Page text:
Classification and Range
Steller's sea-eagles belong to the family Accipitridae, a very diverse group of diurnal raptors encompassing eagles, hawks, kites, buzzards, harriers and New World Vultures. Eight fish eagles, including the bald eagle, make up the genus Haliaeetus. Its scientific name Haliaeetus pelagicus aptly describes the Steller's as "fish eagle of the open seas." Other names include white-shouldered eagle, Pacific eagle and O-washi, its name in Japan.
Steller's sea-eagles have a narrow coastal range in northeast Asia. They breed only in far eastern Russia on the Kamchatka peninsula, coastal areas around the Sea of Okhotsk and north along the West Bering Sea. Some remain year round, but the majority over-winter farther south in Hokkaido, Japan's northern main island, and on islands or coastal areas around the Sea of Okhotsk. Some migrate farther afield to the Korean peninsula and China, and a few vagrants roam as far as the Aleutian and Pribilof Islands in Alaska.
Their primary habitats include narrow coastal strips, islands, and forested valleys near lakes and river estuaries. High rocky cliffs along sea coasts and tall trees provide suitable nest sites. Steller's sea-eagles fish from the sea and near mouths of rivers where salmon spawn. These eagles share their limited habitat with the smaller white-tailed sea-eagle and the golden eagle.
Steller's sea-eagles are huge birds. They, along with the Harpy and Philippine eagles, have the distinction of being the largest and heaviest eagles. The smaller males weigh 11-13 pounds (4.9-6 kg) and the females weigh 15-20 pounds (6.8-9 kg). The body length ranges from 34-41 inches (85-105 cm) and the wingspan runs 6-8 feet (1.8-2.45 m). In comparison, the bald eagle weighs 8-14 pounds (3.6-6.3 kg).
Steller's sea-eagles possess distinctive physical characteristics for easy identification of adult birds. White feathers comprise large shoulder patches, long leggings, wedge-shaped tail, and small forehead and crown patches on a large blackish-brown body. Its immense and strong beak is deep, arched and yellow. Eyes, cere and feet are also yellow. Their unfeathered feet have powerful, curved talons and rough pads for grasping slippery fish and other prey. Immature birds have dark brown and lighter mottled feathers, dark brown eyes and orange beaks. They gradually acquire adult plumage and coloration in 4 to 5 years. A dark morph without the distinctive white shoulder markings also occurs, but is very rare.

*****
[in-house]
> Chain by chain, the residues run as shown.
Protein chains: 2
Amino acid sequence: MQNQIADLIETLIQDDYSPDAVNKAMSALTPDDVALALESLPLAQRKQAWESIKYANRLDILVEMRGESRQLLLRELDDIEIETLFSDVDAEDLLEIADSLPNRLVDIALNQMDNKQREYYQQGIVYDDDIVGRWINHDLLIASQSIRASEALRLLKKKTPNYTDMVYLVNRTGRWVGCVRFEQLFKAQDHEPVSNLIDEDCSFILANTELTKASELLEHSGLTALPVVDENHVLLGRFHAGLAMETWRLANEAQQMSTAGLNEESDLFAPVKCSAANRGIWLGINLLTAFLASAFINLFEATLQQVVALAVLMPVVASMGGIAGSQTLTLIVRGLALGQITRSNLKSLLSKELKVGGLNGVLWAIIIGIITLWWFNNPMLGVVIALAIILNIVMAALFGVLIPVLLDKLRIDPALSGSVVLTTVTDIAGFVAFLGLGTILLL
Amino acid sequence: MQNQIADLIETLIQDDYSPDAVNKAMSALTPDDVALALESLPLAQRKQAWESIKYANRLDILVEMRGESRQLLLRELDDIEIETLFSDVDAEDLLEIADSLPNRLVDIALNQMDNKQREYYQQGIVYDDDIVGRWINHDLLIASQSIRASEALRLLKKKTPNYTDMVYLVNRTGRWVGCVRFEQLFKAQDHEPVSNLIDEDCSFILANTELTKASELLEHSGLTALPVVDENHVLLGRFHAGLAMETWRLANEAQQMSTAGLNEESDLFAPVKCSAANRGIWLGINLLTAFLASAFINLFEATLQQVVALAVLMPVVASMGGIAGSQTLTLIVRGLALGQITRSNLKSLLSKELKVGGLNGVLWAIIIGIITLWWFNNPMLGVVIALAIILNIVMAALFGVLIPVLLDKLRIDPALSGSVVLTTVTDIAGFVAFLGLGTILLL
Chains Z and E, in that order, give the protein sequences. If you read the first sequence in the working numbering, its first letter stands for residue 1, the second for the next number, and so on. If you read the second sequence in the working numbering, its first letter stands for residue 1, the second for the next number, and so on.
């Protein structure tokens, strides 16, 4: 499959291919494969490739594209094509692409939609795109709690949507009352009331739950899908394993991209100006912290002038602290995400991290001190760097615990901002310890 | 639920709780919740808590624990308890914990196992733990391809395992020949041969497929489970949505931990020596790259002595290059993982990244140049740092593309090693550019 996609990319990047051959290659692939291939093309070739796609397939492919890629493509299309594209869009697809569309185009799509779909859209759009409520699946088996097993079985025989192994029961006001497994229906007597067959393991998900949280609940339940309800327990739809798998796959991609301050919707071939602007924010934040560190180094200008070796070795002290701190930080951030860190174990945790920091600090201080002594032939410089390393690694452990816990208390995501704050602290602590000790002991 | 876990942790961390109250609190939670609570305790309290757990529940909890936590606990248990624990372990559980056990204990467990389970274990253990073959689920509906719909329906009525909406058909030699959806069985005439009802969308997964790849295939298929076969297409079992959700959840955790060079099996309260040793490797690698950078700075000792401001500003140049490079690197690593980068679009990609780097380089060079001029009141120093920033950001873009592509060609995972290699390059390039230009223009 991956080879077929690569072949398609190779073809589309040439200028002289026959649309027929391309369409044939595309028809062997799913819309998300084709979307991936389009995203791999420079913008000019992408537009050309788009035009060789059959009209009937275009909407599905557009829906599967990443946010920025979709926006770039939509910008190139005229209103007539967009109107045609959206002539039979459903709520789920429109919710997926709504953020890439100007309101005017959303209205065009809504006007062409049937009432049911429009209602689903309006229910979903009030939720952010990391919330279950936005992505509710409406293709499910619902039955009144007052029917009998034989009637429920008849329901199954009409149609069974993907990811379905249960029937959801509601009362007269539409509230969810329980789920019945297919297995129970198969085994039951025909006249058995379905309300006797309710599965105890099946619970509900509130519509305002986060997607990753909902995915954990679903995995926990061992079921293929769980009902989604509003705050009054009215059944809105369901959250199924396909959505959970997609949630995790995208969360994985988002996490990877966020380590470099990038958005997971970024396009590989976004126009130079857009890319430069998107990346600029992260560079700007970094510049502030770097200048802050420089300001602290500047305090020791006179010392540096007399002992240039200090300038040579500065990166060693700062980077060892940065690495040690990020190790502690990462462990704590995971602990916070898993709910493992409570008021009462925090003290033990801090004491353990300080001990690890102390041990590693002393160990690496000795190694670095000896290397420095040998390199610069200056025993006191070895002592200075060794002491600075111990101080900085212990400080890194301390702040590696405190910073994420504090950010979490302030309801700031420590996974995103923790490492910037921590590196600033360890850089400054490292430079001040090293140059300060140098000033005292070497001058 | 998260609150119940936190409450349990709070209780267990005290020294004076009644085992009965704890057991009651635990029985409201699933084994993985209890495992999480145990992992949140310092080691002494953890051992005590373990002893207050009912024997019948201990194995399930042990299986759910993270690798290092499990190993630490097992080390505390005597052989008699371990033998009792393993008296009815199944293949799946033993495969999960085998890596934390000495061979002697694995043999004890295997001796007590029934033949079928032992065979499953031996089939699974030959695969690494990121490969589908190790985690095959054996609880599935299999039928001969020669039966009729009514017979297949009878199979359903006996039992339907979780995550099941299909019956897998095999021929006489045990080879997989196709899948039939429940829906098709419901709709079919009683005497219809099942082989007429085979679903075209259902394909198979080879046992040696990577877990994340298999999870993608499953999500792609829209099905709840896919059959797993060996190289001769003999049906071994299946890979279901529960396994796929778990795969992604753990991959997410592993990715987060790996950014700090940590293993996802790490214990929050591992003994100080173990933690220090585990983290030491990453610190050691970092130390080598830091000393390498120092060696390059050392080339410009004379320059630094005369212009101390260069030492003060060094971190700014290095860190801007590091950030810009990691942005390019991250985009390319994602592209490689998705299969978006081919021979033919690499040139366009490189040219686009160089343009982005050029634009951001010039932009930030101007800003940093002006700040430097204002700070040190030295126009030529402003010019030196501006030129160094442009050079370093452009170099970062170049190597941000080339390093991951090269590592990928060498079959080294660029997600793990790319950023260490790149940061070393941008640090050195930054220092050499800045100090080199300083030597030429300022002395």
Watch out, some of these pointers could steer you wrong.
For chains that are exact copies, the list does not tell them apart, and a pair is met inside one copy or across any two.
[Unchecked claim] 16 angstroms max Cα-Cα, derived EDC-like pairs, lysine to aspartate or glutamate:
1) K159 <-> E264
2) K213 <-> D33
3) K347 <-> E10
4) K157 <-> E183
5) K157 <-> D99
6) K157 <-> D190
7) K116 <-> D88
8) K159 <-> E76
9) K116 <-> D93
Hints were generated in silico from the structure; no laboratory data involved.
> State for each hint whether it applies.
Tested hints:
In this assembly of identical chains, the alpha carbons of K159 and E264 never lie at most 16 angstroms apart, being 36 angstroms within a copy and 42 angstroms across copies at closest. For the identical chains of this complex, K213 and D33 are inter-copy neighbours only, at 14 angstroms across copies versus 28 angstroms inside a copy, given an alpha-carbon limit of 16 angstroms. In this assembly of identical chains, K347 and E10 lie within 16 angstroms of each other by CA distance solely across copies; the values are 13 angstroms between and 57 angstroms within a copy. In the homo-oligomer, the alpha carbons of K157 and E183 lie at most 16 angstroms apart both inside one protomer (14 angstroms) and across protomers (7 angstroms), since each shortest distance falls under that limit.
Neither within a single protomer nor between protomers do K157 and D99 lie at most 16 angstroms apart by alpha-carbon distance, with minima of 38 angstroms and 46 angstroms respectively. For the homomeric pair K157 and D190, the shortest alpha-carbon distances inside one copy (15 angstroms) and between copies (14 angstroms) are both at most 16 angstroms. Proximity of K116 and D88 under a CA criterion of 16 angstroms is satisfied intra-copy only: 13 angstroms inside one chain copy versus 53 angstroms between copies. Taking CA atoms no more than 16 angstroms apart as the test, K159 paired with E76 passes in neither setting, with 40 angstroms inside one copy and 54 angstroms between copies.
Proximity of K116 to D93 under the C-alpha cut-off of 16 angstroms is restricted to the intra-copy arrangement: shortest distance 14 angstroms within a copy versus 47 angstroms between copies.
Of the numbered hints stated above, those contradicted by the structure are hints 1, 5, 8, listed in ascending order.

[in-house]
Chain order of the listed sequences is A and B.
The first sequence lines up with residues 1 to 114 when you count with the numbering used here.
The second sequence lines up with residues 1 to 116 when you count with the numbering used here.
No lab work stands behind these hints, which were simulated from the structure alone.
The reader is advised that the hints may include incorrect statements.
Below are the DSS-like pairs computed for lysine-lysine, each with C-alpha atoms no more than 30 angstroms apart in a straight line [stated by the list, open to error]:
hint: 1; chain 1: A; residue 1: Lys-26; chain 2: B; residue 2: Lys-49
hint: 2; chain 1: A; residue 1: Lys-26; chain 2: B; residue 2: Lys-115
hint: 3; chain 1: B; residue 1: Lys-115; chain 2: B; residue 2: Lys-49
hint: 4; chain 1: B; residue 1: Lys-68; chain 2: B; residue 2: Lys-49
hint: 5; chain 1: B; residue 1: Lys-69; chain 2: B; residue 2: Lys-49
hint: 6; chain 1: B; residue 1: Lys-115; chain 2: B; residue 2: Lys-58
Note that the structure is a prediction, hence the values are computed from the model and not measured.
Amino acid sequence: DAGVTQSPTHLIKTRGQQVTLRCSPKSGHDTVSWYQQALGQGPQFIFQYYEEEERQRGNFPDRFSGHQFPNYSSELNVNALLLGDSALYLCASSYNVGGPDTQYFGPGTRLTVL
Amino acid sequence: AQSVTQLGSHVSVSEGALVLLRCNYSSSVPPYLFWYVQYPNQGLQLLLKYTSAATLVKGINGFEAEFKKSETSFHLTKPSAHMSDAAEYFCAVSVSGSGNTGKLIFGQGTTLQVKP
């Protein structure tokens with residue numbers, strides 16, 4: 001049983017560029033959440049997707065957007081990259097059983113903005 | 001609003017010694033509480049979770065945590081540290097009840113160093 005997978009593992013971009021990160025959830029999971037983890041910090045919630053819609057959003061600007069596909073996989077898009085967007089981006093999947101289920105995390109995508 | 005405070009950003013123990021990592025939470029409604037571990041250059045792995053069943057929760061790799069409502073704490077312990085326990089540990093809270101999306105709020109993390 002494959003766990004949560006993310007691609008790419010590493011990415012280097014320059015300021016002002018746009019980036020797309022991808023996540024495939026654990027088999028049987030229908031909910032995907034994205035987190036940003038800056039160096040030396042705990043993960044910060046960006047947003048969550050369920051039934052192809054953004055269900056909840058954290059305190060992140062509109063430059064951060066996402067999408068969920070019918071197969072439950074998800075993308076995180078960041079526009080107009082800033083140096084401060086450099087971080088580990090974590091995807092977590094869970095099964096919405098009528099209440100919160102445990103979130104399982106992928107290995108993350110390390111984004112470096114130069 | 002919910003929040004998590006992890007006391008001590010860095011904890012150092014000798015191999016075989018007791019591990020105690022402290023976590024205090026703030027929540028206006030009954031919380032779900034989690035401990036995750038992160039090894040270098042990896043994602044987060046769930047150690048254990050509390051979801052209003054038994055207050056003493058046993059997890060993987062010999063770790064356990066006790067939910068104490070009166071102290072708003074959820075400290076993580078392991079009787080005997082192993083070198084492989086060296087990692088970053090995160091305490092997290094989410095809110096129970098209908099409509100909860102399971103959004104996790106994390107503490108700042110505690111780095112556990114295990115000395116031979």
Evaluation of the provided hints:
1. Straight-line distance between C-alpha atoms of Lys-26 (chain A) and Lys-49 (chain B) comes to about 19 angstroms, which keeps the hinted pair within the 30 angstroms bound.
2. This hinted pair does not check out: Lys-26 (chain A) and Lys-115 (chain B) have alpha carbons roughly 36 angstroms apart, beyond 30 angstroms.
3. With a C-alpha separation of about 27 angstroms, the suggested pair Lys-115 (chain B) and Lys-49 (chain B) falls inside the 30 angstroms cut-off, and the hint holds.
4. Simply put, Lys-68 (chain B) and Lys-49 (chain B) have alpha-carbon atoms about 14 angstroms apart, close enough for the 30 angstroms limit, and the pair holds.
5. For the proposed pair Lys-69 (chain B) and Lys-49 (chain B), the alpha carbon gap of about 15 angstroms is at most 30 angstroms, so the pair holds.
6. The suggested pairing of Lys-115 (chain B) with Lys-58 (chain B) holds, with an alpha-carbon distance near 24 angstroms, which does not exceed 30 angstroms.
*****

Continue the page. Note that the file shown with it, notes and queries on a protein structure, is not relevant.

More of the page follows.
Unknown but may live more than 20 years in the wild.
In the Wild: Primarily fish, especially salmon, trout and cod; sea birds, such as murres, gulls, auklet and cormorant; mammals, such as red fox, muskrat and seal; carrion.
Some of their food choices vary seasonally. In the spring birds will often steal carrion from traps. On Kamchatka, breeding pairs eat mainly salmon, while in northern Okhotsk Sea region, pairs in coastal areas sometimes focus on nesting sea birds while pairs in river areas concentrate on fish.
At the zoo: Rodents, rabbits, trout and quail
Reproduction - It's tough to raise a family!
Courtship occurs in March, but it is still winter on Kamchatka where average high temperature remains below freezing. Nests perch high on rocky cliffs or near tops of tall mature trees often in a dead area. Pairs add sticks to an existing nest which may reach 5 feet in height and 8 feet across. One to three white-green eggs are laid in April or May when highs reach slightly above freezing. Incubation length is uncertain, perhaps as long as 38 to 45 days. Usually only a single chick survives within a clutch, but often none survive and the adults abandon reproduction for that year.
Life Cycle - It's tough out there!
Success is far from assured even if a chick survives. Growing from a tiny altricial hatchling to a new fledgling takes about 10 weeks. Dangers include disease, predation from sable and vermin, and falls from - or with - the nest. Nests of great weight commonly collapse. The adult pair must protect the nest, as well as provide increasing amounts of food for the growing eaglet. By 10 weeks the young learn to fly, and by late summer they leave the nest, many to migrate southward to over-wintering areas. Many young eagles do not survive their first year on their own, succumbing to both natural and human-related causes. Not much is known about juveniles during the 4 to 5 years it takes to reach sexual maturity.
Steller's sea-eagles use varied techniques to obtain fish. Excellent vision, perhaps 6-8 times sharper than humans, enable eagles to spot prey from a distance. They perch high in trees or on cliffs then dive down to snatch fish near the water's surface. Less frequently they hunt on the wing, or by standing and grabbing passing fish. Eagles gather in large numbers where salmon spawn and take live fish and scavenge on the carcasses. Many sea-eagles, especially juveniles, find food through kleptoparasitism – stealing food from other birds. They take fish from eagles (other Steller's, white-tailed, golden) and other birds especially osprey. Dumps of offal from commercial fishing may also be utilized as a food source.
Birds and mammals also form part of the Steller's diet. Predation on ducks, gulls and nesting sea bird colonies provides a critical part of eaglet diets in some areas. Eagles hunt small mammals, such as hare and fox, but they also raid commercial traps for sable, mink and ermine. They will eat carrion of washed up seal and sea-lion carcasses. In the mid-1990's when cod runs crashed on Hokkaido, over-wintering Steller's ate from Sika deer carcasses left behind by hunters. Even tiny amounts of ingested lead fragments killed many birds.